More mess, not less

The City of Toronto and its residents should use the new 25-ward model to push for other forms of local democratic decision-making.

Toronto city council is far from perfect. Indeed, regardless of the chaos caused by Bill 5, local governance can be galvanised through the empowerment of community councils and local planning bodies. Toronto already has four delegated community councils that make decisions and recommendations to council about a range of issues.

We can learn a lot from how the 2013 casino debate unfolded, when the Toronto-East York community council played a crucial role by examining in detail the effects on local communities regarding traffic, addiction and businesses.

There are many important issues best dealt with at the local level; hence the growing importance of local governments across Canada. On crucial issues like climate change, cities have emerged as some of the most effective actors globally.

Local governments have also been at the forefront pushing for more affordable housing and better transit.

Some argue that we should rethink Canada’s Constitution in the wake of Ford’s successful move to shrink Toronto city council. The Federation of Canadian Municipalities stated recently: “Local governments are building a more liveable, competitive Canada. We are ready to have an important conversation about greater municipal autonomy, and the tools needed to support it.”

Changes should start at home, by building strong and vibrant democratic structures in our neighbourhoods and communities.

Torontonians — not the province — should decide whether to have a casino on the city’s waterfront.

City councillors and the public were best able to speak to the consequences of a downtown casino in 2013. They still are. The key to improving city governance is to add more democracy, more openness and more messiness — not less.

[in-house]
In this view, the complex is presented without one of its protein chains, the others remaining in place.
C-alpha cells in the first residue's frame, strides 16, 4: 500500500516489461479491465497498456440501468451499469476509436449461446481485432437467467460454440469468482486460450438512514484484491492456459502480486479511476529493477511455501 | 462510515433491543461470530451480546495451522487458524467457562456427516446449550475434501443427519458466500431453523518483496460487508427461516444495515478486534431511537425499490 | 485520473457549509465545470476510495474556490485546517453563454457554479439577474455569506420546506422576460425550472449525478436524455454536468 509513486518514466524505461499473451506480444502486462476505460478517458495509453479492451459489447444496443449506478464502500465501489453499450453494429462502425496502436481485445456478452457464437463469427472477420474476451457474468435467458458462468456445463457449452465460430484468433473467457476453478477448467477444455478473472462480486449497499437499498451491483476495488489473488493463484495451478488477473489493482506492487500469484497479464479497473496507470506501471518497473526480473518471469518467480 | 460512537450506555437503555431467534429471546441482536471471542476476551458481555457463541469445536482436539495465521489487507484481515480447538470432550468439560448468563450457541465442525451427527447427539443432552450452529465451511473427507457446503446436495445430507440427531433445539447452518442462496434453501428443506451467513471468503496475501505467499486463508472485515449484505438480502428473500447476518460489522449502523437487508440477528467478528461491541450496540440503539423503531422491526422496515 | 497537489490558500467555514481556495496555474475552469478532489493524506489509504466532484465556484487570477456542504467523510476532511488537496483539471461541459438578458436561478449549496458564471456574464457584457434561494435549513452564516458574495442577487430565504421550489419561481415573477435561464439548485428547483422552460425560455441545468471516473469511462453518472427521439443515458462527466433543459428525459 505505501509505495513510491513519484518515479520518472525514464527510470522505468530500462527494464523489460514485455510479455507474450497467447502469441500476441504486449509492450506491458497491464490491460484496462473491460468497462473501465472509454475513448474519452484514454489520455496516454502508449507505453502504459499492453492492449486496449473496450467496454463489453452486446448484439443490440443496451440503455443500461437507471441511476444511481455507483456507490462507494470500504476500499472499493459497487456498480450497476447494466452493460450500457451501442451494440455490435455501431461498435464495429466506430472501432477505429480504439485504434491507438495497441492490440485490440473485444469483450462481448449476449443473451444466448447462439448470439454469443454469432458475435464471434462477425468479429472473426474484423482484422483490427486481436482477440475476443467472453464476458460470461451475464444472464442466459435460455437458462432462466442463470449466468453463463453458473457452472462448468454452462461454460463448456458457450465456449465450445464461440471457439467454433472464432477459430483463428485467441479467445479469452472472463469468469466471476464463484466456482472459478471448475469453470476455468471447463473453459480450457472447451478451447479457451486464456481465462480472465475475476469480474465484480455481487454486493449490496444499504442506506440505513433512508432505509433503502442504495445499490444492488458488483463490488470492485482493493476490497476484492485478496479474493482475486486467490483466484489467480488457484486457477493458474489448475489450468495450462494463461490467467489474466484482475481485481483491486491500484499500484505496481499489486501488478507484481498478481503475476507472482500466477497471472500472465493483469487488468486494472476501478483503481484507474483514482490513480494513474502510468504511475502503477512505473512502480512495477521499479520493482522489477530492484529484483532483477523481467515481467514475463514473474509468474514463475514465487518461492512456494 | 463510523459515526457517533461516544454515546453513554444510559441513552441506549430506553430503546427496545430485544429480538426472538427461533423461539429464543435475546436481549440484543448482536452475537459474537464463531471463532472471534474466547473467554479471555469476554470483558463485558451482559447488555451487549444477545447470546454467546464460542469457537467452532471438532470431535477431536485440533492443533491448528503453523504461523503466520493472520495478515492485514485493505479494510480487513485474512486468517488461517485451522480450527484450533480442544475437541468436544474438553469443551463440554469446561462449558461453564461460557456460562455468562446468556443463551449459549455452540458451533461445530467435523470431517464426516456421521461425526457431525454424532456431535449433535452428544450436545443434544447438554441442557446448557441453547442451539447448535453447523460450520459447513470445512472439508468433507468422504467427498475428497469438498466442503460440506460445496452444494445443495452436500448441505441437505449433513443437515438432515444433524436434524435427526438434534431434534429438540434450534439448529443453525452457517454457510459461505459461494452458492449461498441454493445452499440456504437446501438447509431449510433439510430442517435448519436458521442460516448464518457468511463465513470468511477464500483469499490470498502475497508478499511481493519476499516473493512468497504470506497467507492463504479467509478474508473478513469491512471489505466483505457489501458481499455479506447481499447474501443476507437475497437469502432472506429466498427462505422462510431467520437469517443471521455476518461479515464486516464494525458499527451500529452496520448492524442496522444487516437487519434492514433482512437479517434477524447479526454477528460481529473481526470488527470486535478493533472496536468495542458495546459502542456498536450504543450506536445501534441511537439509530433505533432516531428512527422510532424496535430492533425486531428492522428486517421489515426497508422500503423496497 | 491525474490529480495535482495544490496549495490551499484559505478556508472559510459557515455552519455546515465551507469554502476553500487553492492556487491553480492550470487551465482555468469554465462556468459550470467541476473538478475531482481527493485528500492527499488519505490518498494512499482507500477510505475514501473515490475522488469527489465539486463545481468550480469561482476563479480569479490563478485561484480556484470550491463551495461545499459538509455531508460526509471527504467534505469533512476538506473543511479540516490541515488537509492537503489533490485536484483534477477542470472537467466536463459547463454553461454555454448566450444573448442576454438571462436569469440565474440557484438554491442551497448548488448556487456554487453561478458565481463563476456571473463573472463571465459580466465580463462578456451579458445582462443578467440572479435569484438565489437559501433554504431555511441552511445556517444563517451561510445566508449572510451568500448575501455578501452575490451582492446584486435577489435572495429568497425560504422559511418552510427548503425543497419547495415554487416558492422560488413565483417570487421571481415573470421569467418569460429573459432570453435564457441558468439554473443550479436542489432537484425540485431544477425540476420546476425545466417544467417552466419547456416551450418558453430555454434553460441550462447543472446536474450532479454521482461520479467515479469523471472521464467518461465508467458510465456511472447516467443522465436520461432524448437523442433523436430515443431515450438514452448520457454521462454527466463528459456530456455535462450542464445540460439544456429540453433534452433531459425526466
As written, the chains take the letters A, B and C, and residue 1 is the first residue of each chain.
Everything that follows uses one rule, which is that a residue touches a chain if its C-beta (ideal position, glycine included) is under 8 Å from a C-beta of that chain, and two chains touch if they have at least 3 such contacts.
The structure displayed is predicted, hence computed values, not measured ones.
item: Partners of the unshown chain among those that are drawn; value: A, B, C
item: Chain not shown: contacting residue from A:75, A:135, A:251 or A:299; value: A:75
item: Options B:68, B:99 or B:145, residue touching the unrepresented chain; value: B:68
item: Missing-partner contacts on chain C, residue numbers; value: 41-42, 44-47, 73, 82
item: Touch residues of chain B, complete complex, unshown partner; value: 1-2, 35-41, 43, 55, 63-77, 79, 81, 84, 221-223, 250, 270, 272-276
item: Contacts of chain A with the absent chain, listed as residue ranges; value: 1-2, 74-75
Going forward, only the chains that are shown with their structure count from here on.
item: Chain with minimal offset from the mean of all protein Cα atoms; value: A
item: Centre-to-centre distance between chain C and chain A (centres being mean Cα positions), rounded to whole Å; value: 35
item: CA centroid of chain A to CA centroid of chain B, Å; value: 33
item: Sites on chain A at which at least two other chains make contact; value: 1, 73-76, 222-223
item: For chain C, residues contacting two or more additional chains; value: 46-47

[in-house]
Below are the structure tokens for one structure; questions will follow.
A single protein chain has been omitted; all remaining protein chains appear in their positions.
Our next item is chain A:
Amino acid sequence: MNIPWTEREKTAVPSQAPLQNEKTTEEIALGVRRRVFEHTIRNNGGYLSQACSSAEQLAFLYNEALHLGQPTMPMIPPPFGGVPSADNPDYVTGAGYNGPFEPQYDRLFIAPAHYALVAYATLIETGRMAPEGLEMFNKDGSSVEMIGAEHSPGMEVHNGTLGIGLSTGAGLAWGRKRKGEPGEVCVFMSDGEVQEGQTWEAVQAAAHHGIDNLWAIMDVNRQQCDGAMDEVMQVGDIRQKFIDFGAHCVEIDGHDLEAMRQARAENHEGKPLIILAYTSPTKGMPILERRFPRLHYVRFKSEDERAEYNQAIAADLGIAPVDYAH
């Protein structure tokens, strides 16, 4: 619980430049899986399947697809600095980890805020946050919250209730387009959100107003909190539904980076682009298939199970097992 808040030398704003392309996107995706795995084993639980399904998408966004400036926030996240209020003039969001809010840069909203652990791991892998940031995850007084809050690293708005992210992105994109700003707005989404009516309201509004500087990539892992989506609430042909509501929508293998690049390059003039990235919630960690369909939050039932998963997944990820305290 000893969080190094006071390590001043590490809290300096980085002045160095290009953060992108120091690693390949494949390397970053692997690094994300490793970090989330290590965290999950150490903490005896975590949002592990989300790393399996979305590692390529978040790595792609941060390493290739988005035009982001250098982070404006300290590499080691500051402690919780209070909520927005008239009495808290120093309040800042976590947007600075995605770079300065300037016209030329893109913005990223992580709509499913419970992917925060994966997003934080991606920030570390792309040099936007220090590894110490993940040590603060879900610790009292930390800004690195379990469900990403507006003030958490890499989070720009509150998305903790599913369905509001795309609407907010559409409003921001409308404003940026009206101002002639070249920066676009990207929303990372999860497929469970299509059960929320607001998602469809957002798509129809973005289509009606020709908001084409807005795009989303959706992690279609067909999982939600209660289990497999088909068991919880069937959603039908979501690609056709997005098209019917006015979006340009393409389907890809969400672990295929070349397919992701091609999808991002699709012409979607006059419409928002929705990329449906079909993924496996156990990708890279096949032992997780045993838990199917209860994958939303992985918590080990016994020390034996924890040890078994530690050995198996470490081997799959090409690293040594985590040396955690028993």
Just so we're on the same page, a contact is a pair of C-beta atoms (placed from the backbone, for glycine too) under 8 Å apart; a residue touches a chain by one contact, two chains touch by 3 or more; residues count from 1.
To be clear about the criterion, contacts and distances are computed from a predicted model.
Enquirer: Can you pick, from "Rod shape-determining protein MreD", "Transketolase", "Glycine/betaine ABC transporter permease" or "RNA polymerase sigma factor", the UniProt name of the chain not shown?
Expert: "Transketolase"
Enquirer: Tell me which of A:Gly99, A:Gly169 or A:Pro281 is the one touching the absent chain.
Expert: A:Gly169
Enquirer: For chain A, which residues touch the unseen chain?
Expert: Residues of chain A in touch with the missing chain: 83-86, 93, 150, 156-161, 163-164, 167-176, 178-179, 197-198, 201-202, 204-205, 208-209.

The Conversation

Estair Van Wagner, Assistant Professor, York University, Canada and Alexandra Flynn, Assistant Professor of Human Geography & City Studies, University of Toronto.

This article is republished from The Conversation under a Creative Commons license. Read the original article.

 
 
 
 

“Without rent control we can’t hope to solve London’s housing crisis”

You BET! Oh GOD. Image: Getty.

Today, the mayor of London called for new powers to introduce rent controls in London. With ever increasing rents swallowing more of people’s income and driving poverty, the free market has clearly failed to provide affordable homes for Londoners. 

Created in 1988, the modern private rented sector was designed primarily to attract investment, with the balance of power weighted almost entirely in landlords’ favour. As social housing stock has been eroded, with more than 1 million fewer social rented homes today compared to 1980, and as the financialisation of homes has driven up house prices, more and more people are getting trapped private renting. In 1990 just 11 per cent of households in London rented privately, but by 2017 this figure had grown to 27 per cent; it is also home to an increasing number of families and older people.